"Denial of Access to Services
 
 
 
 
 
Registered clearing agency suspended book-entry clearing and settlement services.  Held, suspension constitutes denial or limitation of clearing agency's services with respect to any person, and proceeding is remanded to clearing agency in order to provide  the requisite fair procedure."
 
 
 
 
 
    Neither immunity nor waiver is or should be applicable where DTC materially breaches its services contract as it did in the IPWG fact scenario. The Release should make  clear that if DTC cannot establish its good faith  and reasonable conduct it will without question have civil liability.  See Section 29(a) of the Securities Exchange Act of 1934, the non-waiver provision, that rule violations cannot be waived in advance. Hopefully, and going forward the establishment  and compliance with fair procedures will allow DTC to avoid liability. Where it has not and will not have such procedures or compliance there needs to be civil liability as an effective deterrent and the  Rule changes  with respect to fair procedures should make that clear. Further since infallibility does not exist in any context  and a risk of error must always be present, errors and omissions insurance should be mandated both to protect innocent issuers and their investors but  add an additional dimension of loss prevention.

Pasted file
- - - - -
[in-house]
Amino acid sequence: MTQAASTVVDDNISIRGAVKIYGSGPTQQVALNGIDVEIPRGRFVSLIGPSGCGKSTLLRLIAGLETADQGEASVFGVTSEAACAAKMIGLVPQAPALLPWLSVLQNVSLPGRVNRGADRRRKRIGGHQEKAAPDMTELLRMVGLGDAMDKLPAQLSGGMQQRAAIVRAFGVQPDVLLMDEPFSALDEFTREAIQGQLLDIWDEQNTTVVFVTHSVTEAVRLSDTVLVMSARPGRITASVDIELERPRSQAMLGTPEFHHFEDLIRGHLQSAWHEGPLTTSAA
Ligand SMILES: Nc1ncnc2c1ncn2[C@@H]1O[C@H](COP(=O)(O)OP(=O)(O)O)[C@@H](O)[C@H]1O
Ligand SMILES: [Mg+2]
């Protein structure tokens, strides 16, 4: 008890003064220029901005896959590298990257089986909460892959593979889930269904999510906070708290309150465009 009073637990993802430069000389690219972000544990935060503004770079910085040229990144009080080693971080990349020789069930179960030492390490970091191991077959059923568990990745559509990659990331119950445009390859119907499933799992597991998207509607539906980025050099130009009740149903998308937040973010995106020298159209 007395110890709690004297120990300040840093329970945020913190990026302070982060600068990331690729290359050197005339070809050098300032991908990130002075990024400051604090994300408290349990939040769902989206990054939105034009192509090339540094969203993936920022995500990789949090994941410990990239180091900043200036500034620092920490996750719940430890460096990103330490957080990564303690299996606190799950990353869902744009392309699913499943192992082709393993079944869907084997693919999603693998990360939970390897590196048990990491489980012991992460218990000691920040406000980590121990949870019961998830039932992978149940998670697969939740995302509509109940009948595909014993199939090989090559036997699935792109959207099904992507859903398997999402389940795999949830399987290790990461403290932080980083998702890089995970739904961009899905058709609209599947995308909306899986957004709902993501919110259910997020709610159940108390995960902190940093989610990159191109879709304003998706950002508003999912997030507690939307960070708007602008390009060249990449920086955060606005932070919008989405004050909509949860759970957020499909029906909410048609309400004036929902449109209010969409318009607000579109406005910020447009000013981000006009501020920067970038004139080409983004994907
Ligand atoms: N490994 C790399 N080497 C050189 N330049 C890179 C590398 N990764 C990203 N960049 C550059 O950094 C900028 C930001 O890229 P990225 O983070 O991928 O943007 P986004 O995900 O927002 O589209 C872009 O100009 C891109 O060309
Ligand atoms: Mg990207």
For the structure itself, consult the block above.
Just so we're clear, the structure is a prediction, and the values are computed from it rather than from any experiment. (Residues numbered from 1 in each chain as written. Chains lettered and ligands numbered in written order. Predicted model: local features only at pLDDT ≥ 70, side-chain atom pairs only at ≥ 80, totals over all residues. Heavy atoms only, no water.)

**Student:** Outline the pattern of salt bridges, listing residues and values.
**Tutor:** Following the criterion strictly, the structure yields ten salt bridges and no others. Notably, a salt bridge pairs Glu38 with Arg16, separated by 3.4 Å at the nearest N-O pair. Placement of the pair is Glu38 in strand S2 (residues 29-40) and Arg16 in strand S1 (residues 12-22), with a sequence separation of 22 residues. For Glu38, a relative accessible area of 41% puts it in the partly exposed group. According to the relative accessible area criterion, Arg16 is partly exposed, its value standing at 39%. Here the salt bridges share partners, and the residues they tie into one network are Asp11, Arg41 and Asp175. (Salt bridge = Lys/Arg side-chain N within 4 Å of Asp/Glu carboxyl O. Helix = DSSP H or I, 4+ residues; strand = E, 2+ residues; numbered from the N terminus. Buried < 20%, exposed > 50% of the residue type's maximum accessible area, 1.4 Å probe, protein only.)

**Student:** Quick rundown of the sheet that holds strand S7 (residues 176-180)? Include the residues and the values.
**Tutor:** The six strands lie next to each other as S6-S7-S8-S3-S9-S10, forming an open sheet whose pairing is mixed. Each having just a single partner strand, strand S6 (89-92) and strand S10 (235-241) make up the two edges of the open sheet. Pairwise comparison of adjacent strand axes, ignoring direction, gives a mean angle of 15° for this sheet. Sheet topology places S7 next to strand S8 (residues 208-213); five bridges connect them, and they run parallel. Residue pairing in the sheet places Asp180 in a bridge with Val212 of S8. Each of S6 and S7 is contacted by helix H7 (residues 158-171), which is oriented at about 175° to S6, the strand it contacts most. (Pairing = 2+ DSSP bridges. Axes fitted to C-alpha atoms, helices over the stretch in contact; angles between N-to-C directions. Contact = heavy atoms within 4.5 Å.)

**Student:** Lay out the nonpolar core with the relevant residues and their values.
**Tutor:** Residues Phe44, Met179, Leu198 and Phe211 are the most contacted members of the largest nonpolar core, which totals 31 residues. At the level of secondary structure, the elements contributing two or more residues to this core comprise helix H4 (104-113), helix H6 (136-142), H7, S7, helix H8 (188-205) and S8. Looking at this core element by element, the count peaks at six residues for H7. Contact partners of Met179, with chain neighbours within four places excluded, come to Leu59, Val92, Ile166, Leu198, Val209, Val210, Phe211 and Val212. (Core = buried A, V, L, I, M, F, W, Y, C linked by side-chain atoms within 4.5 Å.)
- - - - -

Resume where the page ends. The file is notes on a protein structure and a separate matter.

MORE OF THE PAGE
The proposed rule or a supplement should clarify that the DTC has not and will not be acting in a governmental capacity in the settlement and clearance process and therefore DTC is without immunity from civil liability; good faith and rational judgment can insulate DTC from inadvertent and good faith errors; and mandatory errors and omissions insurance will give issuers and their investors protection where inevitable mistakes in a complex settlement  and clearance process will occur. In the IPWG scenario  a fair regulatory and self-regulatory framework will require civil liability because the DTC cannot be  excused  where it  had no  justification in what it did and did not do with respect to innocent investors.
 
 
 
   Other than the foregoing comments, I fully endorse  the  rule changes in respect to the settlement and clearance process supervised and operated by the DTC. Thank you for your consideration of my comments.
 
 
 
 
 
                                                          Respectfully,
 
 
 
                                                      s/  
 
                                                     Norman B. Arnoff Esq.